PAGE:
In his sixth season as Princeton’s head coach, Mitch Henderson led the Tigers to the Ivy League’s first undefeated regular season since 2007-08. (Ivy League Digital Network)

For Mitch Henderson, the climb to the top of the Ivy League mountain has been anything but easy.

Critics point out his teams’ surprising inability to close the sale in some past seasons and his struggles with Harvard and Yale as indications of something missing in his program. Supporters point out he is young, smart and has brought a vision for the long haul.  He has developed a new culture and identity for Tiger basketball that bears his unmistakable imprint.

The Tigers’ 14-0 march through the 2016-17 Ivy schedule, making Henderson the odds-on favorite for Coach of the Year honors, tips the scales in favor of the supporters’ case.

Let’s take a closer look at what Henderson has done, particularly over the last three seasons as he put the building blocks of the current juggernaut in place.

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Ivy weekend roundup – Mar. 6, 2017

What a long, strange trip it’s been …

This has been a crazy season for Ivy League basketball, all 16 weeks of it. From Harvard’s starting the season 14 hours away in Shanghai to Penn’s regular season-ending triumph over the Crimson Saturday night, this season has been full of surprises and unusual trends.

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Princeton pulls away from Columbia, 64-45

NEW YORK — For about 20 minutes Friday night, Princeton and Columbia played hideous, inefficient basketball. The two teams combined to shoot 34.6 percent in the first half (18-for-52). It was the only way the Lions could pull off the upset win they needed to revive their flagging Ivy tournament hopes.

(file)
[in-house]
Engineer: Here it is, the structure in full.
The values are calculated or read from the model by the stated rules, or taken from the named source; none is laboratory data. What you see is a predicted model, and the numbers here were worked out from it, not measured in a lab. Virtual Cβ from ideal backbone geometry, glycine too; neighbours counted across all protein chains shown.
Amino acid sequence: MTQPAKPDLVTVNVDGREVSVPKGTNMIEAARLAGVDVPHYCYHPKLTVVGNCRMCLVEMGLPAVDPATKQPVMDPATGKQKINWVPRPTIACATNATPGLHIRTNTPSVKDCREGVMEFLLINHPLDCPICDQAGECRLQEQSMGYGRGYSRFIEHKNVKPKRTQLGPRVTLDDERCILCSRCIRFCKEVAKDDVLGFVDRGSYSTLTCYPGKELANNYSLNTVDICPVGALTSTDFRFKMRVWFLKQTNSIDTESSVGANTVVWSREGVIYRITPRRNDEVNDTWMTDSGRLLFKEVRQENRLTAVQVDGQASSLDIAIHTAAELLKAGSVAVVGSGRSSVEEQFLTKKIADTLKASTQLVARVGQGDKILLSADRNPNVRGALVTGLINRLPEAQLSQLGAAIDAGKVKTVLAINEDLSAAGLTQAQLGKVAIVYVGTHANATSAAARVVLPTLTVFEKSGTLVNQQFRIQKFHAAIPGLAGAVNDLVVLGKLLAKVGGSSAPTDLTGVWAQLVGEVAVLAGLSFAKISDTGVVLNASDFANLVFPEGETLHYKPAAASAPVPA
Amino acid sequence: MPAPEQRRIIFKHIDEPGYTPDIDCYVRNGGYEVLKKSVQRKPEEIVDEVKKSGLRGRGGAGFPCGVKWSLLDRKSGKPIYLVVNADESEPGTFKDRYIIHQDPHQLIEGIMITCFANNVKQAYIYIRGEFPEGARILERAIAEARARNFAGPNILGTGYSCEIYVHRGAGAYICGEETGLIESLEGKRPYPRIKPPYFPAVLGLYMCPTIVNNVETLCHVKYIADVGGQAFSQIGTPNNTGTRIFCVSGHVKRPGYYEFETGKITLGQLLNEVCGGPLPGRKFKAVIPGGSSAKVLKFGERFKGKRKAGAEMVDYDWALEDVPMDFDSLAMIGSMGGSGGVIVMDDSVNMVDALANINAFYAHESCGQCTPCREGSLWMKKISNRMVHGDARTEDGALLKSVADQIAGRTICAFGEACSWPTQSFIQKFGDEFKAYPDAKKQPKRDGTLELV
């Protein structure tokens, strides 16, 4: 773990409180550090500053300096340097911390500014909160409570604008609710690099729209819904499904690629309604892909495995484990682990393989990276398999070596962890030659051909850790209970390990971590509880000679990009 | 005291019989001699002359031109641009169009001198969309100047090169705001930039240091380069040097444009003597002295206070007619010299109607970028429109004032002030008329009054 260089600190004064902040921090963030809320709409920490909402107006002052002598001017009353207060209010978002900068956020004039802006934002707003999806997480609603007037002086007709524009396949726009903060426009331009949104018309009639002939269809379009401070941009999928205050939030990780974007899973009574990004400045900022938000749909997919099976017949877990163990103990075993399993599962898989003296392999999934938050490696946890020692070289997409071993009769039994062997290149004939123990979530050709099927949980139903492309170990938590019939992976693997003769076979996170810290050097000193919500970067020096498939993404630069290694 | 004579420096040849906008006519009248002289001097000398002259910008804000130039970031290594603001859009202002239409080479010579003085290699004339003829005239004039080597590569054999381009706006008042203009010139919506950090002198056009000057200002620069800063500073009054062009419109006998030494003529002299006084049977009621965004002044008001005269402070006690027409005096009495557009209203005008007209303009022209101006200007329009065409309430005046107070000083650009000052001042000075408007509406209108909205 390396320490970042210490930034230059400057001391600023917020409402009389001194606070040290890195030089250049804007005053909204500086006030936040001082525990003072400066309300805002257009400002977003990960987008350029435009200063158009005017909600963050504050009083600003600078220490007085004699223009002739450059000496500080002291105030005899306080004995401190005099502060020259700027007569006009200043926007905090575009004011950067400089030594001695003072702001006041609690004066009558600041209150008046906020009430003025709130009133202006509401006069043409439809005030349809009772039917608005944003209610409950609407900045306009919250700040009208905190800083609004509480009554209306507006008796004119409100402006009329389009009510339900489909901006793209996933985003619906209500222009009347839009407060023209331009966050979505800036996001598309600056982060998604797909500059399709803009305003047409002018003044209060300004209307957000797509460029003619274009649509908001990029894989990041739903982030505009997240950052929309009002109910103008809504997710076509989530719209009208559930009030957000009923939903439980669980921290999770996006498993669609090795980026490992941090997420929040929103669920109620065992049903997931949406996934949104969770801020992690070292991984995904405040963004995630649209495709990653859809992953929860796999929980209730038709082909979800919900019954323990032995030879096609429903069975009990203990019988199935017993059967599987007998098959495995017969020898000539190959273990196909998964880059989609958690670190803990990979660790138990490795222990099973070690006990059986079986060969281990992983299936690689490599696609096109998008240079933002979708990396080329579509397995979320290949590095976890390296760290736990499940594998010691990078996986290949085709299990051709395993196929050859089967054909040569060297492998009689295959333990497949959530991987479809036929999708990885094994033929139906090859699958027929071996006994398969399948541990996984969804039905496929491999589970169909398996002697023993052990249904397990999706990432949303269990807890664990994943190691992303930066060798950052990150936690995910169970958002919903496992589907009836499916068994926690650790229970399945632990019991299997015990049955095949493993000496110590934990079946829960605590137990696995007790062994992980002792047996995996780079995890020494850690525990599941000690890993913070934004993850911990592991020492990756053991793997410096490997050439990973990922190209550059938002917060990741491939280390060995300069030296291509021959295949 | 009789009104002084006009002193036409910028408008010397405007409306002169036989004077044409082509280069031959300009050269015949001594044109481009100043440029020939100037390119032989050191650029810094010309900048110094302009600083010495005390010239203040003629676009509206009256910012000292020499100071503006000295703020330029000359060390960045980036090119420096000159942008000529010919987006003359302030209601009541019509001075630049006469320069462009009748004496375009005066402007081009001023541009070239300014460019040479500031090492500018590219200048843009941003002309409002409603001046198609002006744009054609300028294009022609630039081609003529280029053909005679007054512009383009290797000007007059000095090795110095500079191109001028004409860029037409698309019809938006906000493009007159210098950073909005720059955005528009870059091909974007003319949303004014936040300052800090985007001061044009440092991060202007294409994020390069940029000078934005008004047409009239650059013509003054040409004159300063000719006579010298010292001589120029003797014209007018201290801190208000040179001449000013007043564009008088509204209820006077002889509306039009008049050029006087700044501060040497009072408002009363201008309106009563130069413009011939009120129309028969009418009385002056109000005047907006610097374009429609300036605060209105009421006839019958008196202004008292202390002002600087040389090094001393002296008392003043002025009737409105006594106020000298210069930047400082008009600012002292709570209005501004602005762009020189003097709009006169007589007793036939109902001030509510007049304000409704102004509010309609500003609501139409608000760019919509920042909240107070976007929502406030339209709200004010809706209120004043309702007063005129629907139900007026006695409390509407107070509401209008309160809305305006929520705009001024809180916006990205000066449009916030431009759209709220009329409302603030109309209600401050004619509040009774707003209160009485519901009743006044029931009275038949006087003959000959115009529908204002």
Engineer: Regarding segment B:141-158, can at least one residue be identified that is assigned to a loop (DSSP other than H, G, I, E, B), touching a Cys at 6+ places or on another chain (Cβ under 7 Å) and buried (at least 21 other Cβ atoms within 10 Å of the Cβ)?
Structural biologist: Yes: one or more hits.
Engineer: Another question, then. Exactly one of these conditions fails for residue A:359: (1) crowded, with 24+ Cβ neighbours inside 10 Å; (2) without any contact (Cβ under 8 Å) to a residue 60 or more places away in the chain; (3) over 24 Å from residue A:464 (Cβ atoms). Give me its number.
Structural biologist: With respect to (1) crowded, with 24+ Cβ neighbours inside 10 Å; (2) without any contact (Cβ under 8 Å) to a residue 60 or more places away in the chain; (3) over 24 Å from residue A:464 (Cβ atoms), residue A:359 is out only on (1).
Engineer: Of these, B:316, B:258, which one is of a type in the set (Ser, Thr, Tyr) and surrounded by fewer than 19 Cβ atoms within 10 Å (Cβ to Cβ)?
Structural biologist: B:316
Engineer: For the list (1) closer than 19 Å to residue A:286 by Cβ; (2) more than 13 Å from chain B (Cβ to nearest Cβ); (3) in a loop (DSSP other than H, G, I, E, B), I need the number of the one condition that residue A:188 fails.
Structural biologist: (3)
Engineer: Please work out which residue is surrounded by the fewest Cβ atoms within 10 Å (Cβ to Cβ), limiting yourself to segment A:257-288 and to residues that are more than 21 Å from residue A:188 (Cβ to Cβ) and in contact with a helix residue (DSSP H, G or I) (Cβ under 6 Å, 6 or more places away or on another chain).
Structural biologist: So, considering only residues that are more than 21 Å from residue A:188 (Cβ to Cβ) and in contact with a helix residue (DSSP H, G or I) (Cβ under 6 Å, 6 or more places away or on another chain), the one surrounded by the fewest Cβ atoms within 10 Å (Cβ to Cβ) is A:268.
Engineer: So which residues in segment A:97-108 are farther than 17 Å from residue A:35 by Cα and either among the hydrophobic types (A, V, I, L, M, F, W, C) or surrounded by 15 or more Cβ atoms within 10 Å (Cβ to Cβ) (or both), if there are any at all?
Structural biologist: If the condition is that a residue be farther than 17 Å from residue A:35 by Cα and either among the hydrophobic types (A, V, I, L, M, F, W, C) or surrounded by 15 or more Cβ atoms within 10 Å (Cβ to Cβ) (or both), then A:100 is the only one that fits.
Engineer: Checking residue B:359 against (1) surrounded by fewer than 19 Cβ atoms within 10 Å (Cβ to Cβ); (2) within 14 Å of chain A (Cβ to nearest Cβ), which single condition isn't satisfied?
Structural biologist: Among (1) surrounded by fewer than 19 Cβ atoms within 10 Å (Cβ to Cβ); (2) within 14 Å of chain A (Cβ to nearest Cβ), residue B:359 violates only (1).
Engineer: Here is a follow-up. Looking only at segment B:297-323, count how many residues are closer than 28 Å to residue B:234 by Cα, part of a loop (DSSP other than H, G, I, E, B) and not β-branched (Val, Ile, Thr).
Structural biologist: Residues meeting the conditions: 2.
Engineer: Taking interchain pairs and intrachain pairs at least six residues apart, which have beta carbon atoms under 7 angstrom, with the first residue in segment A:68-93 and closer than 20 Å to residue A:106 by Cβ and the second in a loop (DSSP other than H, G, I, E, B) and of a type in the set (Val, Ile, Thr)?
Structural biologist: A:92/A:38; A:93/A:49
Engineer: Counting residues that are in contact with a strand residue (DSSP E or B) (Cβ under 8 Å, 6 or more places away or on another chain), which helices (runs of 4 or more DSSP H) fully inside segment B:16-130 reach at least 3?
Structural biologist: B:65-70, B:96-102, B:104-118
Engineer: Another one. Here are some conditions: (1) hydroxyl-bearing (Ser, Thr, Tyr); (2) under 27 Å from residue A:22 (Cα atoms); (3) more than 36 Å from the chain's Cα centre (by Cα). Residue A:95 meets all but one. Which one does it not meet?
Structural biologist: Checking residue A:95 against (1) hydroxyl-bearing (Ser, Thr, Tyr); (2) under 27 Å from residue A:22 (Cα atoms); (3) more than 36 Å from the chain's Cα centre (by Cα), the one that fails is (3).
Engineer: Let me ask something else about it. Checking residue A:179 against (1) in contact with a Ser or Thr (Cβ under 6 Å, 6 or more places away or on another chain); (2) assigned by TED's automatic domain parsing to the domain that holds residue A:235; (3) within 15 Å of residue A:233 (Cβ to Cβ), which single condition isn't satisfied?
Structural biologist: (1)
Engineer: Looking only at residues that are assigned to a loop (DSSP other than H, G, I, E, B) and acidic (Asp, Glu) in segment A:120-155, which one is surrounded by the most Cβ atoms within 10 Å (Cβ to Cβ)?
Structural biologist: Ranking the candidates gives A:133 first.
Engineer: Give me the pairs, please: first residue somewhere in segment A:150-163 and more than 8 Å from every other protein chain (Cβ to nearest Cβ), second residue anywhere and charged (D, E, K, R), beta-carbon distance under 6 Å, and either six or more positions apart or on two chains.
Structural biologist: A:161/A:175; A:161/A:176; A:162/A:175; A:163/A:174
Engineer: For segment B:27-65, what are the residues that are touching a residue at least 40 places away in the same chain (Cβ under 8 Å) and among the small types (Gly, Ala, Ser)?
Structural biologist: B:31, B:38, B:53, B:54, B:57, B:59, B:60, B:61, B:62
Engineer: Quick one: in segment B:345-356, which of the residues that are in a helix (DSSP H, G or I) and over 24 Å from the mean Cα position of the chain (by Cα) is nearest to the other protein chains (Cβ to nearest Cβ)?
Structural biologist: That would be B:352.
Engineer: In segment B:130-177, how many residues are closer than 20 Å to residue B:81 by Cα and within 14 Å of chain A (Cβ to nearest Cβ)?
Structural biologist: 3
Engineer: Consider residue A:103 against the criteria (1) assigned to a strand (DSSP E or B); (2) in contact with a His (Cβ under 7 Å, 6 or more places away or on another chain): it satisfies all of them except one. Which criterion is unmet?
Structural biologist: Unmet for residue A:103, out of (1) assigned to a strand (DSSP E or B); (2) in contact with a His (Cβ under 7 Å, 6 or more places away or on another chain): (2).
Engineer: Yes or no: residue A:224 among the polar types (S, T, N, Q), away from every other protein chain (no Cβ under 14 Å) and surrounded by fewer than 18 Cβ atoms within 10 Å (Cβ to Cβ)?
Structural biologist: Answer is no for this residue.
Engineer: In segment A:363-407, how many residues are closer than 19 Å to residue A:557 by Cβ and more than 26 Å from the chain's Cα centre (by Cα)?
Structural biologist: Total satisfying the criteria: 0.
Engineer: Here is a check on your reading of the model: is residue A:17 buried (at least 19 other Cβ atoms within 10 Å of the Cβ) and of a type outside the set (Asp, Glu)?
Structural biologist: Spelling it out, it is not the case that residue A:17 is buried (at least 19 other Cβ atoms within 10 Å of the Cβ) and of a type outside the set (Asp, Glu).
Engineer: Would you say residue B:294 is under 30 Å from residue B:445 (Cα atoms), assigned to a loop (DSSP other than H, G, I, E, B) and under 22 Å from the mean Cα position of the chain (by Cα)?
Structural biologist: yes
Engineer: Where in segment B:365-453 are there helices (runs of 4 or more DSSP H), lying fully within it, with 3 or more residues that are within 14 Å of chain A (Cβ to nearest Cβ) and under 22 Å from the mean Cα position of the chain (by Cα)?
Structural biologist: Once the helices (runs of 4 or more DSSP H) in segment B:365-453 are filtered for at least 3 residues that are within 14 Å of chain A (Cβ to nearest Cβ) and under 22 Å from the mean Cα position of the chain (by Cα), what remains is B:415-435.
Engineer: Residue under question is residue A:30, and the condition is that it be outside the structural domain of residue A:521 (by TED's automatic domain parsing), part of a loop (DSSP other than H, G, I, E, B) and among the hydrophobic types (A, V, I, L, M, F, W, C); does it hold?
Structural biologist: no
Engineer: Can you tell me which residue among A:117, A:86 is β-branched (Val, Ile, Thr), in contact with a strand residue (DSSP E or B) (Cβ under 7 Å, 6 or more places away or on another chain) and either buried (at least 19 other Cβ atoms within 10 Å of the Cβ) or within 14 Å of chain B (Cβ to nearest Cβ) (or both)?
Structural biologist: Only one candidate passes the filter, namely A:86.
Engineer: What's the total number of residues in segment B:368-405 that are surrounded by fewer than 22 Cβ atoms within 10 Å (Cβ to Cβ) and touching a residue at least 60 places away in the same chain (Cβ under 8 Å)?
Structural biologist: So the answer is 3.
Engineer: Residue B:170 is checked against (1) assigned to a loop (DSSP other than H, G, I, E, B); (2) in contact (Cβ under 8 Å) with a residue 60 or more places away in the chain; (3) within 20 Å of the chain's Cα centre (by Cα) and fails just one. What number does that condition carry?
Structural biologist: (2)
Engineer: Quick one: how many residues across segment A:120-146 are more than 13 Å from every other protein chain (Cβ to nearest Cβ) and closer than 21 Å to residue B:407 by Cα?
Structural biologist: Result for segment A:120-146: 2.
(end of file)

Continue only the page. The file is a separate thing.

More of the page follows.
Needless to say, rock fights against Princeton don’t stay that way for very long. The Tigers (18-6, 11-0 Ivy) hit eight three-pointers in the second half after only making two in the first and ran the Lions (10-14, 4-7) out of their own gym, 64-45.

“Devin [Cannady] made some shots. I thought we found him in the corners,” Princeton coach Mitch Henderson said. “We did a good job screening against the zone. I just think the second half of a game, you get a little bit more comfortable with the gym.”

Princeton plays at a glacially slow place and averaged 18.7 seconds per possession heading into Friday, 44th longest out of the 351 Division I teams. Minimizing the total number of possessions in a game is the Tigers’ modus operandi and it did the Lions in once their offense got into a rhythm.

“If the game is that slow, it lends into the way they want to play,” Columbia coach Jim Engles said. “They came out, made a couple of threes and got some separation from us and then it was hard for us to get anything going offensively.”

Princeton shot 48 percent in the second half while holding Columbia to a 32.1 field goal percentage.

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Craving Madness, if not the Ivy kind

It’s back. That deliciously dizzy feeling that madness is coming. As a rabid Princeton basketball fan of a certain age, I got used to this feeling years ago when the Tigers charged into the NCAA Tournament with regularity. Twice in the late ‘70s, four times in the ‘80s, six times in the ‘90s, and twice in the early 2000s, the orange and black danced “bigly,” as a certain Penn graduate might say.